When the Kepler spacecraft finds a giant planet closely orbiting a star, there’s a one in three chance that it’s not really a planet at all.
At least, that’s the case according to a new study that put some of Kepler’s thousands of candidate planets to the test using a complementary method for discovering celestial objects in stellar orbits. The results, posted June 5 on arXiv.org, suggest that 35 percent of candidate giants snuggled close to bright stars are impostors, known in the planet-hunting business as false-positives.
“Estimating the Kepler false-positive rate is one of the most burning questions in this field,” says astronomer Jean-Michel Désert of the Harvard-Smithsonian Center for Astrophysics, who has performed similar calculations for smaller planets.
Estimates by Désert and others place the false-positive rate at less than 10 percent, which isn’t necessarily contradictory given the different target populations of various research efforts.
“We cannot say anything about smaller planets,” says Alexandre Santerne, a graduate student at the University of Aix-Marseille in France and coauthor of the arXiv.org paper. “It’s just for giant planets close-in.”
Kepler looks for the periodic dimming of starlight produced by planets passing between Earth and their home stars near the constellation Cygnus. But not everything that darkens a star is a planet; smaller stars, for example, might masquerade as a planet. Instead of detecting periodic twinkles, Santerne and his colleagues looked for gyrations in host stars, the wiggles produced by orbiting planets’ gravitational tugs. Since heavy, nearby planets yank more noticeably on their stars, the team focused on giant candidates with orbits of 25 days or less.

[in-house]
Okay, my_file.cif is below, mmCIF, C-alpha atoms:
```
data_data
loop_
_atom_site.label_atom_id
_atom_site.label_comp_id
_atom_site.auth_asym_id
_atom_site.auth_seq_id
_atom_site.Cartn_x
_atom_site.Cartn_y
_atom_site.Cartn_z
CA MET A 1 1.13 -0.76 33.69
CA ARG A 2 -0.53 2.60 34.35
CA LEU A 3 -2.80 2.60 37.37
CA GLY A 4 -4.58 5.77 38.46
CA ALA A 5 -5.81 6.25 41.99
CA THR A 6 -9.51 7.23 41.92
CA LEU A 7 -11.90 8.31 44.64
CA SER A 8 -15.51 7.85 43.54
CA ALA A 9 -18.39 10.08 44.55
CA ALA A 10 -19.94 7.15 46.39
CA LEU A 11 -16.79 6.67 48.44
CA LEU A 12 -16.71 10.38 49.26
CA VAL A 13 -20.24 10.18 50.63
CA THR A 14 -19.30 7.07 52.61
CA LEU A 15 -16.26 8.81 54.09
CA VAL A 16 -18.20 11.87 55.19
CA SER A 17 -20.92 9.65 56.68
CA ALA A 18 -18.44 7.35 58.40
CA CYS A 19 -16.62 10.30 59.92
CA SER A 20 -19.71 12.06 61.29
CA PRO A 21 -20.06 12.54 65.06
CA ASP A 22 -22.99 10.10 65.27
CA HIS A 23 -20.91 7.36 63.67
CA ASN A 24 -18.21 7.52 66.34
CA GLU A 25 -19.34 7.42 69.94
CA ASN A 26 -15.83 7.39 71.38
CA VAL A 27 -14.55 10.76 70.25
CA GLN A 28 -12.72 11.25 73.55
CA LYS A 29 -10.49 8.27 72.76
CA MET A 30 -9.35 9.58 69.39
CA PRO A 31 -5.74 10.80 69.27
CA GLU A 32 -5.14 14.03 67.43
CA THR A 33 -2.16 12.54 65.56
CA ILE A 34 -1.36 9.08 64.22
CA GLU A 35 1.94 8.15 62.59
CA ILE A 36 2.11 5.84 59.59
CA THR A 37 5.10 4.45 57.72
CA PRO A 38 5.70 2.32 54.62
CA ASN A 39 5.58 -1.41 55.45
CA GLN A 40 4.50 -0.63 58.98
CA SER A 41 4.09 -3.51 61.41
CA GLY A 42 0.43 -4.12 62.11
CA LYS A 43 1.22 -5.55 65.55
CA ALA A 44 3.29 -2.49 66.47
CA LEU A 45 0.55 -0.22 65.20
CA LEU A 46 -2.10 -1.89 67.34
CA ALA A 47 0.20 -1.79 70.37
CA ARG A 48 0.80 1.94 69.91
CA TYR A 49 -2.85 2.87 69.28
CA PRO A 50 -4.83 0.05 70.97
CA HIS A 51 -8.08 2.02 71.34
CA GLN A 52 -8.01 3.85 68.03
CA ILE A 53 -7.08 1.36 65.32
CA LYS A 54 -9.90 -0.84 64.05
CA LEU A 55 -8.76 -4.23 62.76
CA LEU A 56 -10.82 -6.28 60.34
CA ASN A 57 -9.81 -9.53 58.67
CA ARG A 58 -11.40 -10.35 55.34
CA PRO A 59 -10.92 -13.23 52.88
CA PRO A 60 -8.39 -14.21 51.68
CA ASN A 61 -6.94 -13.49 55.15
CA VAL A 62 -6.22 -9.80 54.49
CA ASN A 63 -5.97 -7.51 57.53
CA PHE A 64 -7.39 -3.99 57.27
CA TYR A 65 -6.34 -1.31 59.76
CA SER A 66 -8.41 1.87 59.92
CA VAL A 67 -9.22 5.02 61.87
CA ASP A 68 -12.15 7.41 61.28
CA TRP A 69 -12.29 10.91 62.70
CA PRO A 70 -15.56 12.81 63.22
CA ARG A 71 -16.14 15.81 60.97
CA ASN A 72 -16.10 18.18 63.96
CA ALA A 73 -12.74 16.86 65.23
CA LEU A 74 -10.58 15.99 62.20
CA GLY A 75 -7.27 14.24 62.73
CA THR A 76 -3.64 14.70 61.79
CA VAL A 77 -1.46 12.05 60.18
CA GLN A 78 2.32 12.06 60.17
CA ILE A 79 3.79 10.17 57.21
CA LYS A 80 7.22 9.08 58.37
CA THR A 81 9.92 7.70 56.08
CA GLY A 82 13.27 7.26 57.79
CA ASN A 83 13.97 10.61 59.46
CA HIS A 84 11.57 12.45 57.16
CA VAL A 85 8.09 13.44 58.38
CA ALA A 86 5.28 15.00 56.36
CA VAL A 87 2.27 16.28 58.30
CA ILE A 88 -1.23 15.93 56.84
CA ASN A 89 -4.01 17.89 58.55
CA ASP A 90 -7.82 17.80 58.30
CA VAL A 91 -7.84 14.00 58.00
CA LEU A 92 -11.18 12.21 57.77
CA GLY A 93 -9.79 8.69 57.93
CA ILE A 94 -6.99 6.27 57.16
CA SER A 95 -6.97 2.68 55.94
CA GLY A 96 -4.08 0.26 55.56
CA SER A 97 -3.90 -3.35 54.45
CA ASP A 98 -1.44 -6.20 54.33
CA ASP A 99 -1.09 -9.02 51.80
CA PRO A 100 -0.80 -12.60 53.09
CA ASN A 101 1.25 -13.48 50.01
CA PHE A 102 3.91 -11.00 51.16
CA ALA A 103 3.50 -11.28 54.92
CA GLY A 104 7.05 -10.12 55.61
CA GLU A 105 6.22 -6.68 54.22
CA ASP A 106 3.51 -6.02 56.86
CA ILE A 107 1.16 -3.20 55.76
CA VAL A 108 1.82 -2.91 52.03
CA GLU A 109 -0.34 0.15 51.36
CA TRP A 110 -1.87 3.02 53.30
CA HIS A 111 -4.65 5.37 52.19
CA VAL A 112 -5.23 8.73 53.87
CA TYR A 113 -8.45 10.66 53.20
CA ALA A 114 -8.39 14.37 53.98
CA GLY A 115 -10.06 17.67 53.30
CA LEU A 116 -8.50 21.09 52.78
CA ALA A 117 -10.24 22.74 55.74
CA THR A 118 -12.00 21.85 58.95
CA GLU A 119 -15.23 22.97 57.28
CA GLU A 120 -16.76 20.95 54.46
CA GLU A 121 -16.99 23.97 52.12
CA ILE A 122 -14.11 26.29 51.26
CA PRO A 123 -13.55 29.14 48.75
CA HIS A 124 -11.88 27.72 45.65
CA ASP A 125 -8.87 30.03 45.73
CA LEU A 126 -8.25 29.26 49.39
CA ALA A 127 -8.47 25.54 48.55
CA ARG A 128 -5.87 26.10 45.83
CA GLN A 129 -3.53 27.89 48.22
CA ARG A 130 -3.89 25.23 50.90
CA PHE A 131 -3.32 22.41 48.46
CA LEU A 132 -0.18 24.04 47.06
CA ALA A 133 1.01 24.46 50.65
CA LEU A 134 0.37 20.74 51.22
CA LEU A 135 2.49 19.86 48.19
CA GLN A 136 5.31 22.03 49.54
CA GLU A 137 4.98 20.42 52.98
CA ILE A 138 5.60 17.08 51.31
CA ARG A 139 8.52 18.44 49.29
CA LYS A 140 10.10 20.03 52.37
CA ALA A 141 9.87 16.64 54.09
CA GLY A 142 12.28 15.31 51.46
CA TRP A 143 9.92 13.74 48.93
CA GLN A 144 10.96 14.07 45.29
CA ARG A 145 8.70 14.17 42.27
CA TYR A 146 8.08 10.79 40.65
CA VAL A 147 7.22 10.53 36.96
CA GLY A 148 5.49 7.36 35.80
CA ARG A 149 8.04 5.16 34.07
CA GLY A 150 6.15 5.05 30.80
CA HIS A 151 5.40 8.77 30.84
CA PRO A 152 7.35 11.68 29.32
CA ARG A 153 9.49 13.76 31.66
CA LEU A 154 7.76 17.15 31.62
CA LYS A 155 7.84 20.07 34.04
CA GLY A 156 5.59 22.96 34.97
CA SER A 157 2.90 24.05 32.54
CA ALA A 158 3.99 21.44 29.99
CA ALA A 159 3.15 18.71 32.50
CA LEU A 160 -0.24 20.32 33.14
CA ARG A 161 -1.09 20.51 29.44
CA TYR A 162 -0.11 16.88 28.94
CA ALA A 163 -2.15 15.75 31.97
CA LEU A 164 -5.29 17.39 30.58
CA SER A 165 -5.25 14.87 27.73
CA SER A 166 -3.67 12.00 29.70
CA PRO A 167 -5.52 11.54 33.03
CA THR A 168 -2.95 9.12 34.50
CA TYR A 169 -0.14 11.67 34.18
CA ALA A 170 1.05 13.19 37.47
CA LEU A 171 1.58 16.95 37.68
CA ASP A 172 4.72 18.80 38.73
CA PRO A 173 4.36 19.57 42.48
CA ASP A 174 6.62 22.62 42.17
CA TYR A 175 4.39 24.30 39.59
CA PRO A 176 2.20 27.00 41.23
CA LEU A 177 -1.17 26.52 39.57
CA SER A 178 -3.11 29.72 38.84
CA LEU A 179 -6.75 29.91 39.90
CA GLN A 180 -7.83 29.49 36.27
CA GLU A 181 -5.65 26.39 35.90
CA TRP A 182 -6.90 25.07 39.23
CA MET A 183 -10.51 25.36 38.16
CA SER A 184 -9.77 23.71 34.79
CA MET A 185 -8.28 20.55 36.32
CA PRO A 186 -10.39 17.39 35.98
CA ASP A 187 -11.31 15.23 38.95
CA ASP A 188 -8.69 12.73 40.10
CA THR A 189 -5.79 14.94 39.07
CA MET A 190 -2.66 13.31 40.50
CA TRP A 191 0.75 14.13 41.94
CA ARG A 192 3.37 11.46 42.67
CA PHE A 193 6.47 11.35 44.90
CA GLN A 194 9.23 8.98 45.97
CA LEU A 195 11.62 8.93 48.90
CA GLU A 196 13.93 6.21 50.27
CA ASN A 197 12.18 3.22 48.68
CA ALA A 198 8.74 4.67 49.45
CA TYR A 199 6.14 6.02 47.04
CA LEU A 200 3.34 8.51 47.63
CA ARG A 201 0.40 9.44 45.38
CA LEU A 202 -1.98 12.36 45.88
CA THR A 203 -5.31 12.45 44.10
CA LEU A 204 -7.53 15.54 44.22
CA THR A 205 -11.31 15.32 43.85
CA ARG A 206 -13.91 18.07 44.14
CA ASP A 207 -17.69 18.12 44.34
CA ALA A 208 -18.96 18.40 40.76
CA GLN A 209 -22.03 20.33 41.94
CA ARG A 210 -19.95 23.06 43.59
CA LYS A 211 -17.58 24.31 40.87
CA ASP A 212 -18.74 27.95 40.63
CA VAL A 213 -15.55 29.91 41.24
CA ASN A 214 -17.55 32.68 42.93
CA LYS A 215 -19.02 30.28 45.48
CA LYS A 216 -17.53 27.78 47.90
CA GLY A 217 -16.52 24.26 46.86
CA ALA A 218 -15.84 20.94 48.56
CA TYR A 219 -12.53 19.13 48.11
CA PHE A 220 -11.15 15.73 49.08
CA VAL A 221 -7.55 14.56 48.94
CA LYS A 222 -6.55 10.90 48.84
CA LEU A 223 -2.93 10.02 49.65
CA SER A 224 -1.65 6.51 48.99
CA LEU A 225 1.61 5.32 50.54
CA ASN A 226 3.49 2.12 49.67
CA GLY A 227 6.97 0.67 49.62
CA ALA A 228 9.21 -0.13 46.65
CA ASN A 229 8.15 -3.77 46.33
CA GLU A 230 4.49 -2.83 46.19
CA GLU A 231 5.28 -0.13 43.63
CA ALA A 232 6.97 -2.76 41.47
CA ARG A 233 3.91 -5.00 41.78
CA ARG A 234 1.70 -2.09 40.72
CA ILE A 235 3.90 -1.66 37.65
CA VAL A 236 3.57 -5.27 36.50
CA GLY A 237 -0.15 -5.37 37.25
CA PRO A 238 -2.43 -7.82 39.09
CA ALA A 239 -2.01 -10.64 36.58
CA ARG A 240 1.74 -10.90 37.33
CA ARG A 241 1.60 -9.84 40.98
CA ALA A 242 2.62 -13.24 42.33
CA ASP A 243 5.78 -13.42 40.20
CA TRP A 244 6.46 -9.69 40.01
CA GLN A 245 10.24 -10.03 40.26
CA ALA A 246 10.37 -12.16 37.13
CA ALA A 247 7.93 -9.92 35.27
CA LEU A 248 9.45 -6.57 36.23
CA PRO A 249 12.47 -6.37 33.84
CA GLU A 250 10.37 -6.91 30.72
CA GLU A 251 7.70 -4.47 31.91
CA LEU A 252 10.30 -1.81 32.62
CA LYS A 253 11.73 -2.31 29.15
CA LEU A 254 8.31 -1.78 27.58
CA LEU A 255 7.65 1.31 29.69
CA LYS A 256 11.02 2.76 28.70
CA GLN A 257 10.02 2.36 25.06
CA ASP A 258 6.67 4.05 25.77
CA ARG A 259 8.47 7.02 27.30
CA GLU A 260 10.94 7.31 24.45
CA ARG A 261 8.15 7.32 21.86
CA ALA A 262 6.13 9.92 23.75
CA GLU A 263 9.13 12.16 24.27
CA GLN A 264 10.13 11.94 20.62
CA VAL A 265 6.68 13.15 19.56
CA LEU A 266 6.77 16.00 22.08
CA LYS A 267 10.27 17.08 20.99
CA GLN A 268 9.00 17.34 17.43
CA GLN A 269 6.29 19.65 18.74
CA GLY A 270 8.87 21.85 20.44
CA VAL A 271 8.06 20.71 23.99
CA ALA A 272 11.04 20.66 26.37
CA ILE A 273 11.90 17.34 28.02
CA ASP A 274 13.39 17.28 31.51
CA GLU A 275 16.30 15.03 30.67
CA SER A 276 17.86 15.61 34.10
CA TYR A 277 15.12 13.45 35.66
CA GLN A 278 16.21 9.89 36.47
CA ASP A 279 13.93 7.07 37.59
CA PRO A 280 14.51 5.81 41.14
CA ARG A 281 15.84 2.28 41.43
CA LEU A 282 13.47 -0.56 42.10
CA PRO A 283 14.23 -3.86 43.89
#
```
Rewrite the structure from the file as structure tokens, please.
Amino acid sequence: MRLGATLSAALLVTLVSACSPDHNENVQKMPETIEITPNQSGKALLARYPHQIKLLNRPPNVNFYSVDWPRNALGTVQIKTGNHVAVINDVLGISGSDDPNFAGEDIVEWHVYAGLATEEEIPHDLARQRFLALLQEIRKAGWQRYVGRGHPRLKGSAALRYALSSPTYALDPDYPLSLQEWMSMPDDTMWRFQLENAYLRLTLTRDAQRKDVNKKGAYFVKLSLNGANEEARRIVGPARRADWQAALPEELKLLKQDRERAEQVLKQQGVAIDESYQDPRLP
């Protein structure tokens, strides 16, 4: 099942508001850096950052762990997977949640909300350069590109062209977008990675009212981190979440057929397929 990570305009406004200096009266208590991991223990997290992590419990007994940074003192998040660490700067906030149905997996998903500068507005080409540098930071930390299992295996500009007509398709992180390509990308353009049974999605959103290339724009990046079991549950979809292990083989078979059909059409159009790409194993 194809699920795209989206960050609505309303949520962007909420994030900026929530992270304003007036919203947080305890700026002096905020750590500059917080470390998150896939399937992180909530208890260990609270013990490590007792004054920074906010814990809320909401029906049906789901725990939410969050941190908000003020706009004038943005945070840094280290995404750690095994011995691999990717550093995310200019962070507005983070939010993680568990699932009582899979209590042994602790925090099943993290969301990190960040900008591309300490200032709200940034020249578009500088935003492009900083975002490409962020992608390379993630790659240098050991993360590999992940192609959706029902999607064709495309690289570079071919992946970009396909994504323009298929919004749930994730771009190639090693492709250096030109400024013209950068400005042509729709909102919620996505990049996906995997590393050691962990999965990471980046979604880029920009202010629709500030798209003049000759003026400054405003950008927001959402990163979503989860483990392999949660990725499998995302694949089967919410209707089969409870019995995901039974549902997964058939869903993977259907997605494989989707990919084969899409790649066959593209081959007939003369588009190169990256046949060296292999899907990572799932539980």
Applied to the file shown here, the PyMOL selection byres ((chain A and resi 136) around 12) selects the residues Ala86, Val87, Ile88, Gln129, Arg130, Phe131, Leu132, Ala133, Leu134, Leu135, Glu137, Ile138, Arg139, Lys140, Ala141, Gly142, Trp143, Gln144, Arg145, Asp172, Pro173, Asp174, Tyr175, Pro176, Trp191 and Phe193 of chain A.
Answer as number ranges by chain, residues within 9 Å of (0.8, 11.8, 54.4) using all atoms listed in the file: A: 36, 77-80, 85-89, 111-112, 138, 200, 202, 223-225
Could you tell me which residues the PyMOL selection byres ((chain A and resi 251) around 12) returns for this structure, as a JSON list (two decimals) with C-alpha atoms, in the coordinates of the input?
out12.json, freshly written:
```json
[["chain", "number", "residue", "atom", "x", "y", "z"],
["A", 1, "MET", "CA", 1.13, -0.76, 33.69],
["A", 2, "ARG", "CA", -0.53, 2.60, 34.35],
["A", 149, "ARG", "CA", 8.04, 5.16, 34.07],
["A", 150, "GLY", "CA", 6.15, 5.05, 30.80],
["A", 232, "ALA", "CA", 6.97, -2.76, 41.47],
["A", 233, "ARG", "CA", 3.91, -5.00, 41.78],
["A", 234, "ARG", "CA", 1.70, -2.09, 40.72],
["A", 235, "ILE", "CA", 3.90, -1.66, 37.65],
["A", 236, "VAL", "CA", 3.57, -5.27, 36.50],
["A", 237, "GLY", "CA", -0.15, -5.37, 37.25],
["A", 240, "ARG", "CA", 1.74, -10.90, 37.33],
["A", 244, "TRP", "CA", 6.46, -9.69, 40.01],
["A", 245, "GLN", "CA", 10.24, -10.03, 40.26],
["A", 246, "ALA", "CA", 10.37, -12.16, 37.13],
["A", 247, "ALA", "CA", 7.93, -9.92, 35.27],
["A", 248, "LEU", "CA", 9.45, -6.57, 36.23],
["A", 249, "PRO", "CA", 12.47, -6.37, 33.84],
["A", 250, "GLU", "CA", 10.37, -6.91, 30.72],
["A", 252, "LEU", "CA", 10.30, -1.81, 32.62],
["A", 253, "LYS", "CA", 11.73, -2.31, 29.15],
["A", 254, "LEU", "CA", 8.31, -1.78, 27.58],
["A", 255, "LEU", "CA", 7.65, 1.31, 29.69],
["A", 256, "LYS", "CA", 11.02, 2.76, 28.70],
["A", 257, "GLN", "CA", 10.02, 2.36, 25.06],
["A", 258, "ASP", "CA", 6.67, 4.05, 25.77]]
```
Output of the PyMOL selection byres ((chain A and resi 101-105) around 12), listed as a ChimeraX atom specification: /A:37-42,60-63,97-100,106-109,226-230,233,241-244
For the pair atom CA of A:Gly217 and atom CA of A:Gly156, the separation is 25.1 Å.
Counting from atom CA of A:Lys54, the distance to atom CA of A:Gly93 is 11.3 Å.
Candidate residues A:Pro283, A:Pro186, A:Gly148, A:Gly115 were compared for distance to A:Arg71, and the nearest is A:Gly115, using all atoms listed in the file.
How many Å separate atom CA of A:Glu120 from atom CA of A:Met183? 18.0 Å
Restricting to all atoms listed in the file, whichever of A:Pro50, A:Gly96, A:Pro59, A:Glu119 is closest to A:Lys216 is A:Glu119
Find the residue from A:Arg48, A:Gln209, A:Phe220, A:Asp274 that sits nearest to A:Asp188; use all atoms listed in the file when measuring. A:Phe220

Out of more than 2,300 possible planets, only 46 fell into that category. Eleven of these were already known planets. Santerne’s team confirmed nine more.
The remaining 26 candidates included 13 unknowns, two failed brown dwarf stars, and 11 members of binary star systems. “These can mimic clearly a planetary transit event,” says Santerne. “That’s why it’s so important to distinguish these things when you want to study planets and transits from the Kepler mission.”
After distributing the unknowns according to the observed ratios of objects, the team arrived at the 35 percent false-positive rate.
That number might seem high when compared with previous estimates, but scientists don’t consider it a serious flaw for Kepler. “This false-positive percentage is very low compared to all other transit programs,” says study coauthor and astronomer Claire Moutou, also at the University of Aix-Marseille.
The authors point to a discrepancy between their result and a 2011 study done by Timothy Morton and John Johnson at Caltech, who found a false positive rate closer to 5 percent. But comparisons between the two studies might not be so simple, Morton says, noting that the two groups calculated different things. Instead of looking at impostor rates in a specific population of planets, Morton determined the probability that any candidate — plucked from the sea of twinkling candidates — was real. He also excluded data from obvious impostors.
“Everything here is sort of a game of probabilities,” Morton says, pointing to the abundance of candidates. “It will be impossible to confirm them all with observations.”
As for current estimates of billions and billions of planets in the Milky Way, Moutou says those numbers are still valid. “Short period transiting planets are exotic objects, we don’t expect them to be everywhere,” she says. “The potential billion planets are more expected to be small, long-period planets. We didn’t kill those ones, fortunately.”